Diet and exercise often go hand in hand meaning that if you have a history of dieting, you may be all too familiar with having a love-hate relationship with exercise.
Many people view exercise as a way to change their body, compensate for what they have eaten or as a way to punish themselves with rigid rules around frequency, duration and intensity of their activity.
Though exercise can be a stress reliever for some, it can also be a source of stress for others.
In my sessions, I encourage individuals to get creative about types of movement that they find to be both enjoyable and social. We discuss mindful movement as a form of self-care and not a form of self-punishment; a way to accept the body they were created with and not just as a means to achieve the body they want. We review the positive health affects of increased activity that aren't related to a number on the scale (there are a lot of them!).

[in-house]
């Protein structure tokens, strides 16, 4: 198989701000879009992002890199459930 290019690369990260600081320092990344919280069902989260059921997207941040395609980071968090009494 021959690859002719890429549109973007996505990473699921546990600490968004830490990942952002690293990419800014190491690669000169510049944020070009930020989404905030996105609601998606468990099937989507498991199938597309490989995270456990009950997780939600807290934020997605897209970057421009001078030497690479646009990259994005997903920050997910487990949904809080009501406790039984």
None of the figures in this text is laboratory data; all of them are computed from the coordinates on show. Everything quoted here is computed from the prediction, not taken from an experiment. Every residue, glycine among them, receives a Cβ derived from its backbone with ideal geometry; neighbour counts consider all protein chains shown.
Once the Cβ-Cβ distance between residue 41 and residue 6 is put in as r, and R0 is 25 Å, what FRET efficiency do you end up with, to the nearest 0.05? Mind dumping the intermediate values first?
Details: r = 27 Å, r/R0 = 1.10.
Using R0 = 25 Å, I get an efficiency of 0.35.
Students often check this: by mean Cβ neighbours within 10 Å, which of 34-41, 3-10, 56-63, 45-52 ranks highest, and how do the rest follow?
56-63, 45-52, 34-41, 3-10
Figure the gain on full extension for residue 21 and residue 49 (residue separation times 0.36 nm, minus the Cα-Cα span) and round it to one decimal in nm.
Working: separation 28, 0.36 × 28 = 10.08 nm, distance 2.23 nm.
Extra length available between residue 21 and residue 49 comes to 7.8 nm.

It's helpful to know that mindful movement can also play a role in helping people to better connect to their internal hunger and fullness cues therefore strengthening not only their muscles, but also their process of becoming and intuitive eater.